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BMC Infect Dis. 2019 Nov 8;19(1):918. doi: 10.1186/s12879-019-4558-2.

Long term surgical outcomes for infective endocarditis in people who inject drugs: a systematic review and meta-analysis.

Author information

1
Division of Infectious Diseases, David Geffen School of Medicine at UCLA, 10833 Le Conte Ave (Room 37-121CHS), Los Angeles, CA, 90095-1688, USA. dgoodman@mednet.ucla.edu.
2
Infectious Diseases, VA Greater Los Angeles Healthcare System, Los Angeles, CA, USA. dgoodman@mednet.ucla.edu.
3
Department of Biostatistics, Fielding School of Public Health, UCLA, Los Angeles, CA, USA.
4
Universidad Autónoma de Baja California, Tijuana, USA.
5
Medical Imaging Informatics (MII) Group, Department of Radiological Sciences, UCLA, Los Angeles, CA, USA.
6
Division of Infectious Diseases, David Geffen School of Medicine at UCLA, 10833 Le Conte Ave (Room 37-121CHS), Los Angeles, CA, 90095-1688, USA.
7
Infectious Diseases, VA Greater Los Angeles Healthcare System, Los Angeles, CA, USA.
8
Department of Family Medicine, David Geffen School of Medicine at UCLA, Los Angeles, CA, USA.
9
UCLA Center for Clinical AIDS Research & Education, David Geffen School of Medicine, Los Angeles, CA, USA.

Abstract

BACKGROUND:

In recent years, the number of infective endocarditis (IE) cases associated with injection drug use has increased. Clinical guidelines suggest deferring surgery for IE in people who inject drugs (PWID) due to a concern for worse outcomes in comparison to non-injectors (non-PWID). We performed a systematic review and meta-analysis of long-term outcomes in PWID who underwent cardiac surgery and compared these outcomes to non-PWID.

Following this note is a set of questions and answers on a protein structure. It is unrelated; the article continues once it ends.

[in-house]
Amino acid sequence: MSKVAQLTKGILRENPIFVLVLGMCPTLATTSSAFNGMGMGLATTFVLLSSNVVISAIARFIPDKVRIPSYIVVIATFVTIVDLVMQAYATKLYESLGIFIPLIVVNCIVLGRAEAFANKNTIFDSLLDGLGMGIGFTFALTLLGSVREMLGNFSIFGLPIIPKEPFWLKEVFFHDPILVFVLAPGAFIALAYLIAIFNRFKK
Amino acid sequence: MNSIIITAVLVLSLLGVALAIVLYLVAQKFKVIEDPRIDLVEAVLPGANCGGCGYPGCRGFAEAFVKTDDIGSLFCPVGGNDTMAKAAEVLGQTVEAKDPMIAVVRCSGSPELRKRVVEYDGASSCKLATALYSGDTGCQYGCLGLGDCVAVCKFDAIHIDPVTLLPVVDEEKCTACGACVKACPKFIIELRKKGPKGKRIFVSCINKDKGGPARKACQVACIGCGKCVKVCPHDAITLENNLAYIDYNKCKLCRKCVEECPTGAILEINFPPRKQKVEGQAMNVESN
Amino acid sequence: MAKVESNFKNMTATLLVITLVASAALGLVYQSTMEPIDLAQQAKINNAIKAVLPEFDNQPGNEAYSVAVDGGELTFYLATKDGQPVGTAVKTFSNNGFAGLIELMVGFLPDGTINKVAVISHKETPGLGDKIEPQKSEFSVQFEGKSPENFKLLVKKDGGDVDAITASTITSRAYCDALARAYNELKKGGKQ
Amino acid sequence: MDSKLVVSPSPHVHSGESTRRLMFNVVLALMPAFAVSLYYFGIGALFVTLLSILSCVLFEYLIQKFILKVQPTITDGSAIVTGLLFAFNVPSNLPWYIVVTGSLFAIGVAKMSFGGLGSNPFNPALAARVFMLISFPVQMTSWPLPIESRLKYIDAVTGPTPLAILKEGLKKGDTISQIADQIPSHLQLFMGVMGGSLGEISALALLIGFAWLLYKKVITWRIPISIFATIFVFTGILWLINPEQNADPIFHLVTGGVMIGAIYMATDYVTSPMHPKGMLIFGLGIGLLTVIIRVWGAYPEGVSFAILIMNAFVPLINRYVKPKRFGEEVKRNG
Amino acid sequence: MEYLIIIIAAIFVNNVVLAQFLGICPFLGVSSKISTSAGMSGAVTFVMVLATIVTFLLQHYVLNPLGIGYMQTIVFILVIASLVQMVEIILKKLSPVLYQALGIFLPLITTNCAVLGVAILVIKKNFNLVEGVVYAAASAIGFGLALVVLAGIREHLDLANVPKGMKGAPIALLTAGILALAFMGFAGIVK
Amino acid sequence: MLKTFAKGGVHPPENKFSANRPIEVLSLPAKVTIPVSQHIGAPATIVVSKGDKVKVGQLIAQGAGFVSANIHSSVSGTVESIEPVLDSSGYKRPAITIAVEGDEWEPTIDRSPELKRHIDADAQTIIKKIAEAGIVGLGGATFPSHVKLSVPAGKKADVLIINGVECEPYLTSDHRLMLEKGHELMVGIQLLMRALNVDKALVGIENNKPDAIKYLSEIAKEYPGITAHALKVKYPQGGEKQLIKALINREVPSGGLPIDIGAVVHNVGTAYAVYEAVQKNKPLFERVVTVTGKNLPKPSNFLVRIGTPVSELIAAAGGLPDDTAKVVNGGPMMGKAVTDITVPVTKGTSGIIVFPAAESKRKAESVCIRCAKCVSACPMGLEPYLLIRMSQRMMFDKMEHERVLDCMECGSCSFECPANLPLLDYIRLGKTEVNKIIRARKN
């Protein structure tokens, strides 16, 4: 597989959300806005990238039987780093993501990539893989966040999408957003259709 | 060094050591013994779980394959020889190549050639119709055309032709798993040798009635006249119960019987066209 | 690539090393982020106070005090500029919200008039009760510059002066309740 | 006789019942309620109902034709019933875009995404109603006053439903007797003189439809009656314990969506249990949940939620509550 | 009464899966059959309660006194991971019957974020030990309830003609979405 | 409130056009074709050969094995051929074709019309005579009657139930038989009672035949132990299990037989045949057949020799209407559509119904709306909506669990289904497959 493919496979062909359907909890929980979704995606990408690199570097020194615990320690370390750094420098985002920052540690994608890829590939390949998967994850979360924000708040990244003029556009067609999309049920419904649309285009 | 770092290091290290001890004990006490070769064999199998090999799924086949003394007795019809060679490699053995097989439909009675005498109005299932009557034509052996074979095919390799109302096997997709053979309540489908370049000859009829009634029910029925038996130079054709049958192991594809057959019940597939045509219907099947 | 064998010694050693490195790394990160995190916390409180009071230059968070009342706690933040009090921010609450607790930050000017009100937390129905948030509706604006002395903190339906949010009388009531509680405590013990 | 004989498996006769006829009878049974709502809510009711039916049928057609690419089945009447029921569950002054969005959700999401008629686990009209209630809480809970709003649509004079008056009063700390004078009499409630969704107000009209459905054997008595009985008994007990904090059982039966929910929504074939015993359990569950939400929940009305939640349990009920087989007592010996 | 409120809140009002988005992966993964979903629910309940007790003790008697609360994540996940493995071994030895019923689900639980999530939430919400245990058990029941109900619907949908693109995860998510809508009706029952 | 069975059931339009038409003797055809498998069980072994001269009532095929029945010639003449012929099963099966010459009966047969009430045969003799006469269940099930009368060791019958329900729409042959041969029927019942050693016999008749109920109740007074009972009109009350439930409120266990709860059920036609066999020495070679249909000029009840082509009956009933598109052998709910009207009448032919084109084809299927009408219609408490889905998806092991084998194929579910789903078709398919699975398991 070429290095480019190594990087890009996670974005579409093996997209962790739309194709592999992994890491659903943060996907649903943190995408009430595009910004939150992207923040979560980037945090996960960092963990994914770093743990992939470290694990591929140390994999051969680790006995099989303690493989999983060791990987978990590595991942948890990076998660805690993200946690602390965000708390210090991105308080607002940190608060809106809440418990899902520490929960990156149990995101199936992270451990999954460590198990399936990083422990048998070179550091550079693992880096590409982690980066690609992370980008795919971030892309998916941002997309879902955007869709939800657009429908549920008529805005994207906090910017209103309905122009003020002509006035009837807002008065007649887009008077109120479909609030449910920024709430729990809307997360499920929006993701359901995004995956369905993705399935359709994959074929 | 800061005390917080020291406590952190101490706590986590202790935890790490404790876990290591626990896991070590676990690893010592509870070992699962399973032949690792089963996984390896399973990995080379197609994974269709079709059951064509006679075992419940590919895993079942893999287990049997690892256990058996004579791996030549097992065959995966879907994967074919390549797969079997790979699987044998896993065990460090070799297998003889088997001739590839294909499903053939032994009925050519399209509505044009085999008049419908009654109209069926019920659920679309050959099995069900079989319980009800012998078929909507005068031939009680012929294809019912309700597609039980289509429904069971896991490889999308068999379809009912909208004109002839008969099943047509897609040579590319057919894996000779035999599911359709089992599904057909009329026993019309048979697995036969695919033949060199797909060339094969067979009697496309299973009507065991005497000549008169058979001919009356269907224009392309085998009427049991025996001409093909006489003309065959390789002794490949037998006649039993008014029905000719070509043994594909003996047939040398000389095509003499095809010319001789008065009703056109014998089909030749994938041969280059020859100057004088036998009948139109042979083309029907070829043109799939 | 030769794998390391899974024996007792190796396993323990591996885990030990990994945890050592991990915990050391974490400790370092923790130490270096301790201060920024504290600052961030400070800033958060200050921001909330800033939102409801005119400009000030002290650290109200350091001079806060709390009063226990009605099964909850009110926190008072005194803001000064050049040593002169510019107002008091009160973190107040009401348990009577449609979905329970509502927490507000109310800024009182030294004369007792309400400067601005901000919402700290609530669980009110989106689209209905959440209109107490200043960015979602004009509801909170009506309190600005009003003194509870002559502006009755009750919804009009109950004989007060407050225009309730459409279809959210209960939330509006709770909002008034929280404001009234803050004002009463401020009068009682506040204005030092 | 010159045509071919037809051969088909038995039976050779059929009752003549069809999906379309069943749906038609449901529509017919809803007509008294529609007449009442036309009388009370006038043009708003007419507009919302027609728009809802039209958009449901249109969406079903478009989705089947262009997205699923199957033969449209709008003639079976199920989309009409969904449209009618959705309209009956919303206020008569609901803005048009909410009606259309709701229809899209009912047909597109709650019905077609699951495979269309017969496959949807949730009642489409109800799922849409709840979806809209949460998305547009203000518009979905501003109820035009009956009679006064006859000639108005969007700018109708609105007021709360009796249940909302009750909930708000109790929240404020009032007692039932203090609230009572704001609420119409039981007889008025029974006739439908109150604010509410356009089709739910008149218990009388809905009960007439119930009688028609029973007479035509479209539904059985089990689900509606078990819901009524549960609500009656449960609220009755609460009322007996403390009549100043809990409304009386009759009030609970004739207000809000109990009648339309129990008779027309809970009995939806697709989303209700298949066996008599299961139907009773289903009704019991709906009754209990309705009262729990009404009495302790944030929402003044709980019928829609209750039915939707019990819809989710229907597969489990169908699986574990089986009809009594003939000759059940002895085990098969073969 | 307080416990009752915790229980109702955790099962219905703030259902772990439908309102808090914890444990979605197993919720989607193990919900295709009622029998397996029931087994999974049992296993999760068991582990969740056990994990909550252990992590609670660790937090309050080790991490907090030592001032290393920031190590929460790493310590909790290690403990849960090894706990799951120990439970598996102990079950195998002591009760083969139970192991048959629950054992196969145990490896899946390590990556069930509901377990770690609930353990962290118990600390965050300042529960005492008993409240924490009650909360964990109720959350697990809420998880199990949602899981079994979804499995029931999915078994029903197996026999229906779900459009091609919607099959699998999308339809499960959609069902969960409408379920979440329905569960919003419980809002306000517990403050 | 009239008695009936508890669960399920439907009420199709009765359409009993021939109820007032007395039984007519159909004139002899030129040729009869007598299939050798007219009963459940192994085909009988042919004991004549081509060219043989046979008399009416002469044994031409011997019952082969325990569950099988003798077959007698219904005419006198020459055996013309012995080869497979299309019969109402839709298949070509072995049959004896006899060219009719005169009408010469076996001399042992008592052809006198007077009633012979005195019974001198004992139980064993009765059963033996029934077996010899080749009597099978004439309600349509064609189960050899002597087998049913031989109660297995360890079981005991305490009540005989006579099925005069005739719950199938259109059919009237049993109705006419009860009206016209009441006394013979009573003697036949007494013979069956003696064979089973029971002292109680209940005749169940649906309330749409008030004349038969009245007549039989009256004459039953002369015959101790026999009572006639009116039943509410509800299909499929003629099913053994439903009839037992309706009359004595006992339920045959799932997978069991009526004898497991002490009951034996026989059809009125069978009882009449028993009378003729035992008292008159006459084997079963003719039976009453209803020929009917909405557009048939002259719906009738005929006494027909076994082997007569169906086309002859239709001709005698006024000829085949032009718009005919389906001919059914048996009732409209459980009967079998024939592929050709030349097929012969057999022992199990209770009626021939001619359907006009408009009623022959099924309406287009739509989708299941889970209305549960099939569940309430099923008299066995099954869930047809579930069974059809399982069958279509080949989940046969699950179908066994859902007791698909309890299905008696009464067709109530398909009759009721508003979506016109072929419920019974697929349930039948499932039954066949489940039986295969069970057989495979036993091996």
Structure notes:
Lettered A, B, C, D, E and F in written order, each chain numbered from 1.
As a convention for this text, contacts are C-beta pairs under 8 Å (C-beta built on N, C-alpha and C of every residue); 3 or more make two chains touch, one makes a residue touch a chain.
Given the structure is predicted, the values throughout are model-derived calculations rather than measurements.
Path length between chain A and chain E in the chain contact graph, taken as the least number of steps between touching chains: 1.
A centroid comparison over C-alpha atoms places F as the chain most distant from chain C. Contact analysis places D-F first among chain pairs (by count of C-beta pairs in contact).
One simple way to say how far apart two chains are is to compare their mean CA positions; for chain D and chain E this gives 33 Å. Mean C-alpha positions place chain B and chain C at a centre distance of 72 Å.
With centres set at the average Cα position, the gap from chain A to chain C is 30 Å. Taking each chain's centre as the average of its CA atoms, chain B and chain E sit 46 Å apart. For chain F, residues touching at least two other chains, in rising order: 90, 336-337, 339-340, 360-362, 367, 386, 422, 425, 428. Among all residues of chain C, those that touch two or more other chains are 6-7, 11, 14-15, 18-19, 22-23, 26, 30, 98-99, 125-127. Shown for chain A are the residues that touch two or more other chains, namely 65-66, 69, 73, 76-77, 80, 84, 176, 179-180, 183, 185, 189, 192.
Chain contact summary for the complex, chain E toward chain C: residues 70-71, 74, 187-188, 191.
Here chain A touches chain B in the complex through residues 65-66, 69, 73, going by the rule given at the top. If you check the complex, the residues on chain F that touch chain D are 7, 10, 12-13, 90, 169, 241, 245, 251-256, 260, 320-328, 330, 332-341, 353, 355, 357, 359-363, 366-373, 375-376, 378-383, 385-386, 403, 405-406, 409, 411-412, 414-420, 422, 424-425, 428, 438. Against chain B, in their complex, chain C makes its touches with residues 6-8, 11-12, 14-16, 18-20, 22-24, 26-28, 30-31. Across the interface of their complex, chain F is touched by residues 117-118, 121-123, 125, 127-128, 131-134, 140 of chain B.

METHODS:

We systematically searched for studies reported between 1965 and 2018. We used an algorithm to estimate individual patient data (eIPD) from Kaplan-Meier (KM) curves and combined it with published individual patient data (IPD) to analyze long-term outcomes after cardiac surgery for IE in PWID. Our primary outcome was survival. Secondary outcomes were reoperation and mortality at 30-days, one-, five-, and 10-years. Random effects Cox regression was used for estimating survival.

RESULTS:

We included 27 studies in the systematic review and 19 provided data (KM or IPD) for the meta-analysis. PWID were younger and more likely to have S. aureus than non-PWID. Survival at 30-days, one-, five-, and 10-years was 94.3, 81.0, 62.1, and 56.6% in PWID, respectively; and 96.4, 85.0, 70.3, and 63.4% in non-PWID. PWID had 47% greater hazard of death (HR 1.47, 95% CI, 1.05-2.05) and more than twice the hazard of reoperation (HR 2.37, 95% CI, 1.25-4.50) than non-PWID.

CONCLUSION:

PWID had shorter survival that non-PWID. Implementing evidence-based interventions and testing new modalities are urgently needed to improve outcomes in PWID after cardiac surgery.

KEYWORDS:

Endocarditis; Meta-analysis; People who inject drugs; Surgery

PMID:
31699053
PMCID:
PMC6839097
DOI:
10.1186/s12879-019-4558-2
[Indexed for MEDLINE]
Free PMC Article

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